The arguments between the gun and fighter lobbies within the fleet meant that for twelve years following the war Dauntless remained the fleet’s only carrier. While the original laser focus reactor and engines were replaced, the first generation jump drive was not. Although this has been criticized, with her small heat sink it is doubtful whether even a second generation drive would have resulted in any meaningful improvement in mobility. This limited Dauntless’s service to within Earth’s solar system and while still listed as part of the fleet’s  first line strength, by the beginning of the twenty forties she was an asset of questionable value and within the fleet was known as The Dubious.  It was only with the introduction of Illustrious that Dauntless was finally reassigned as the fleets training carrier, a role more in line with her capabilities. Dauntless was briefly re-hangared to accept the Balefire fighter, the larger hangars reduced the compliment to eight. The abandonment of the Balefire as the fleet’s primary fighter resulted in the hangars for the Vampires being restored. This decision was made because of the larger number of Vampires available. Although increasingly antiquated, Dauntless has remained in service, last of the first generation starships and far in excess of her projected lifespan. This has mostly been due to fleet’s prioriting cruisers and battleships over fighter carrier. However the fleet has recently announced that due the exhaustion of spare parts for both Dauntless’s machinery and the Vampire fighters, the carrier will finally be decommissioned at the end of 2066. Her replacement will be a purpose built training ship built to commercial rather than military standards to reduce cost.  Due to Dauntless’s age it is expected she will be scrapped rather than reduced to reserve. At time of writing a campaign is underway to preserve the vessel as a museum ship.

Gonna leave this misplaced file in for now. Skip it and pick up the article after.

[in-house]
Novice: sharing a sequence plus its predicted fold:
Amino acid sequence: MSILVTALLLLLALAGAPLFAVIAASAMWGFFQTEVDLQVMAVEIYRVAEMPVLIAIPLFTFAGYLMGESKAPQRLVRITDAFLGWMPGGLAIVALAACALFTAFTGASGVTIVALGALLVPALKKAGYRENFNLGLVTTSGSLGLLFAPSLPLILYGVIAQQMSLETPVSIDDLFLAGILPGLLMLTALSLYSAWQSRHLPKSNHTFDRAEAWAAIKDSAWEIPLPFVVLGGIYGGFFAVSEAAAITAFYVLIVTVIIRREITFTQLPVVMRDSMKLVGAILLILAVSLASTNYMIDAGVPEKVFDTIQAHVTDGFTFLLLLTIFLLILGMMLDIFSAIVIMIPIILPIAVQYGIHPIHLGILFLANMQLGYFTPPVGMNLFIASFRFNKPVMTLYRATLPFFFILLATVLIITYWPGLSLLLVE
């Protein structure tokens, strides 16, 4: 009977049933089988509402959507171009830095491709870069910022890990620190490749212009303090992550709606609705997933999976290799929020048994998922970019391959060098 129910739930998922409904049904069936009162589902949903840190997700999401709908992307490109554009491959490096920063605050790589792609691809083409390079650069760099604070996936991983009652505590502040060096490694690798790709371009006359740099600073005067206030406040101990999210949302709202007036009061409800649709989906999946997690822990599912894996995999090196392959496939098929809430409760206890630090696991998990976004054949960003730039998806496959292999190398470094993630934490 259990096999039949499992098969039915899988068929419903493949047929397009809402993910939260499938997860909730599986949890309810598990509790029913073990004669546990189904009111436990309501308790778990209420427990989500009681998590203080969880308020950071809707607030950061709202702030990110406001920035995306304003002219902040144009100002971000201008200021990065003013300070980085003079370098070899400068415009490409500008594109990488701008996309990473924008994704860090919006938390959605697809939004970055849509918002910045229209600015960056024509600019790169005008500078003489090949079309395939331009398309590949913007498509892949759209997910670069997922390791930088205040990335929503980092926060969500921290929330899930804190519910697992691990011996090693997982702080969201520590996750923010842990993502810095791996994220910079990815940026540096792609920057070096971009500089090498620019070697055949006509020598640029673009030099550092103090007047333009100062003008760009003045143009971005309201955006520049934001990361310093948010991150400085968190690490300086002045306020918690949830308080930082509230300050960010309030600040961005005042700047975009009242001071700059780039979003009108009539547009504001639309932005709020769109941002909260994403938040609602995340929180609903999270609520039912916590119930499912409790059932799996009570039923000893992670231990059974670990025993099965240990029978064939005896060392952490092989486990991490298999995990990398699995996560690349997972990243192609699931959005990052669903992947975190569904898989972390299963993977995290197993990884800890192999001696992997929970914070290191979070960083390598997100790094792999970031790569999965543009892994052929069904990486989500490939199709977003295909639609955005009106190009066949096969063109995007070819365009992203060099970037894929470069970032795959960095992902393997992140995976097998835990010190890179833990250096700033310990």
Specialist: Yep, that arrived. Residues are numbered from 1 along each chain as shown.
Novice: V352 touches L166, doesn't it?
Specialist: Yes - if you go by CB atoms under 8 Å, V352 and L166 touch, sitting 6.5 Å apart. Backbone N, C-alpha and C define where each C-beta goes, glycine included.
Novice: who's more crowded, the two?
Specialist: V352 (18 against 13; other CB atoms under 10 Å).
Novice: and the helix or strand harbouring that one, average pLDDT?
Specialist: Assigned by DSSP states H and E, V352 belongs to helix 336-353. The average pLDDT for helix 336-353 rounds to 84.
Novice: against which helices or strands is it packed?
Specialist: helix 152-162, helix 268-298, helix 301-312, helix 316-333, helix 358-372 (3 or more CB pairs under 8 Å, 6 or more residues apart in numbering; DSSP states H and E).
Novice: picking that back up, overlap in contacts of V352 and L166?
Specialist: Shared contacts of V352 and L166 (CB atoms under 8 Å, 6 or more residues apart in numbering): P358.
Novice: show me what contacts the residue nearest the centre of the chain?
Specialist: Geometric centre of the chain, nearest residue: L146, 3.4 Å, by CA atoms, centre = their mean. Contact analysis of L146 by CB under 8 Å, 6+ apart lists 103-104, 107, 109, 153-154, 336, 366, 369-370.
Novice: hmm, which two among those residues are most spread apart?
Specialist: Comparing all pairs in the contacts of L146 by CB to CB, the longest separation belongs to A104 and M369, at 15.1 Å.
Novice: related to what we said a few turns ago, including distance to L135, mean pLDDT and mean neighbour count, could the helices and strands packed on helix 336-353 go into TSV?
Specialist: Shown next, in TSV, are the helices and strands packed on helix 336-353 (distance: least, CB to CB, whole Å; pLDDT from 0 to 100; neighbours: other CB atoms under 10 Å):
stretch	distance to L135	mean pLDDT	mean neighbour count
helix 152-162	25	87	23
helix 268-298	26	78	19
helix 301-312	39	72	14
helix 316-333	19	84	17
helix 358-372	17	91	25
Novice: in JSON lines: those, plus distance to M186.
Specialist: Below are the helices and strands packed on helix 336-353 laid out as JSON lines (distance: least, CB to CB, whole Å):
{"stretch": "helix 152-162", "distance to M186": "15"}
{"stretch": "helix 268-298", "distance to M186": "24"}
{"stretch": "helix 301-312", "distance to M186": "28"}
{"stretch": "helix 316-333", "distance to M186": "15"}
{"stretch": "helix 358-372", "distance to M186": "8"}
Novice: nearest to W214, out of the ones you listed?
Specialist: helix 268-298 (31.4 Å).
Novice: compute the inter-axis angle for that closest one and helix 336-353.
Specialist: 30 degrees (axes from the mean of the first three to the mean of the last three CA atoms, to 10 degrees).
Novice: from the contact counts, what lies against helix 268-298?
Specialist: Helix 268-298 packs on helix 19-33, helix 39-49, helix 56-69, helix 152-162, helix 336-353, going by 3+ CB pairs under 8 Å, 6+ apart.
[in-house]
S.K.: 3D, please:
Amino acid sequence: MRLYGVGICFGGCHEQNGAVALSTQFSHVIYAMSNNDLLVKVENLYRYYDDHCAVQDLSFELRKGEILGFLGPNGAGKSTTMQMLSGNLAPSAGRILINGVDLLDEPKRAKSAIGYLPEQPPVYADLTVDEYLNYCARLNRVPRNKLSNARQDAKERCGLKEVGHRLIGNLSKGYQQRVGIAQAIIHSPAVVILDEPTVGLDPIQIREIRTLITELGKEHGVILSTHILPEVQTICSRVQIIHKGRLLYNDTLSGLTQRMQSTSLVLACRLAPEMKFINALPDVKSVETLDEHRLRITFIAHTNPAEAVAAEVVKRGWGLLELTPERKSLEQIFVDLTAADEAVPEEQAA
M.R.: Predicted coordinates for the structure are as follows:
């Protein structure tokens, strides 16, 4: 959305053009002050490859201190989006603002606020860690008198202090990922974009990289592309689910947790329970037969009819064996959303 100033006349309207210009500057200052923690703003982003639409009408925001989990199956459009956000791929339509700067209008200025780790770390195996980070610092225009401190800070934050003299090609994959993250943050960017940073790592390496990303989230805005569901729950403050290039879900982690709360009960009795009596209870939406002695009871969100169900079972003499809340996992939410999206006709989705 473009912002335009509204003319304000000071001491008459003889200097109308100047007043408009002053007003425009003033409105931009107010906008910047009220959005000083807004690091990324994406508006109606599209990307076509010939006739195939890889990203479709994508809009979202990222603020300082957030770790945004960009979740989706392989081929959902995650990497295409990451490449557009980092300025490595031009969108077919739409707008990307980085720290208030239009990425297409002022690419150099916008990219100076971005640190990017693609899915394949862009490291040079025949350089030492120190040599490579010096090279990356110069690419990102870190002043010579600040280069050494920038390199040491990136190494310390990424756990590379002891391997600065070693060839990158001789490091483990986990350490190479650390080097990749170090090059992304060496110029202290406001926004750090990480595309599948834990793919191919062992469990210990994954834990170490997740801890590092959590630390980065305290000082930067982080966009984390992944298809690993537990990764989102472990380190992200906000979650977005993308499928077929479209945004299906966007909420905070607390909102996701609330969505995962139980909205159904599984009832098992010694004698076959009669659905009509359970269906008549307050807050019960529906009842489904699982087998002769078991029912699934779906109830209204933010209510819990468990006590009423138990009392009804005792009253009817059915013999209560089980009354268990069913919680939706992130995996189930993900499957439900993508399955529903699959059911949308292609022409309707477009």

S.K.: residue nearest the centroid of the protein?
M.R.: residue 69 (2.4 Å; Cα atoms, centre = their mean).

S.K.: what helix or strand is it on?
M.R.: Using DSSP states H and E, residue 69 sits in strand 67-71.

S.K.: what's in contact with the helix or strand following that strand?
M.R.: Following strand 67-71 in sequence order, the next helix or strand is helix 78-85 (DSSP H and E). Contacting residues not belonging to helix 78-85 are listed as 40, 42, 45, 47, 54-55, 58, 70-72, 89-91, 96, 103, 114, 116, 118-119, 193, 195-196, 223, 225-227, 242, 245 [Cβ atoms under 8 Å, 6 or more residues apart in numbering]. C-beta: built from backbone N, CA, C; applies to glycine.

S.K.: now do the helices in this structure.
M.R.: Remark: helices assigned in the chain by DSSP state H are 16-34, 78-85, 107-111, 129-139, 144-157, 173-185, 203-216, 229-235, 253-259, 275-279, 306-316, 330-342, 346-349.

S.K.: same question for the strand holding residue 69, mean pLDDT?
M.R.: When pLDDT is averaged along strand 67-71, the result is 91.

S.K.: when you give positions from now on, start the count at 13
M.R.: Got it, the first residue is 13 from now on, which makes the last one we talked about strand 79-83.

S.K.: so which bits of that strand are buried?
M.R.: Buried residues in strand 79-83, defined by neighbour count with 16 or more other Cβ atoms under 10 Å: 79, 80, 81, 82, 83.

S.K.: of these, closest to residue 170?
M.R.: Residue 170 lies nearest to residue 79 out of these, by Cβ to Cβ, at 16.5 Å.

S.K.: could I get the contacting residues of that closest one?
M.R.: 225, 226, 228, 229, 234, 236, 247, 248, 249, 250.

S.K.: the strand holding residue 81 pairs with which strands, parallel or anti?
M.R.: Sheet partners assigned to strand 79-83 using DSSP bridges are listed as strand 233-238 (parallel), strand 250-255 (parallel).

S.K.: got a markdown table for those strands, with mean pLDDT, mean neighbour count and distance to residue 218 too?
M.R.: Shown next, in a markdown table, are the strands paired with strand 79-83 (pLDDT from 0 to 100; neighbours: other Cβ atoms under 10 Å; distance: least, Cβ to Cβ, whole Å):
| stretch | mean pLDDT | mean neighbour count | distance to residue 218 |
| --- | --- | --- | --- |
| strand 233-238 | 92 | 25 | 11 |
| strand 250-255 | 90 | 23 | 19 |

Dauntless in her post war colour scheme.

Dauntless in her post war colour scheme.

1* See Ships of the Fleet Volume Two.

Author’s notes: Many moons ago I designed and put up here a version of the Dauntless, a ship that readers of the Nameless War will be familiar with. At the time I was please with it but since then my abilities with Sketchup have improved and the work I did for ships of the fleet meant that the description didn’t really work any more, so time for a re-vamp.

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Ships of the Fleet – Aellr destroyer.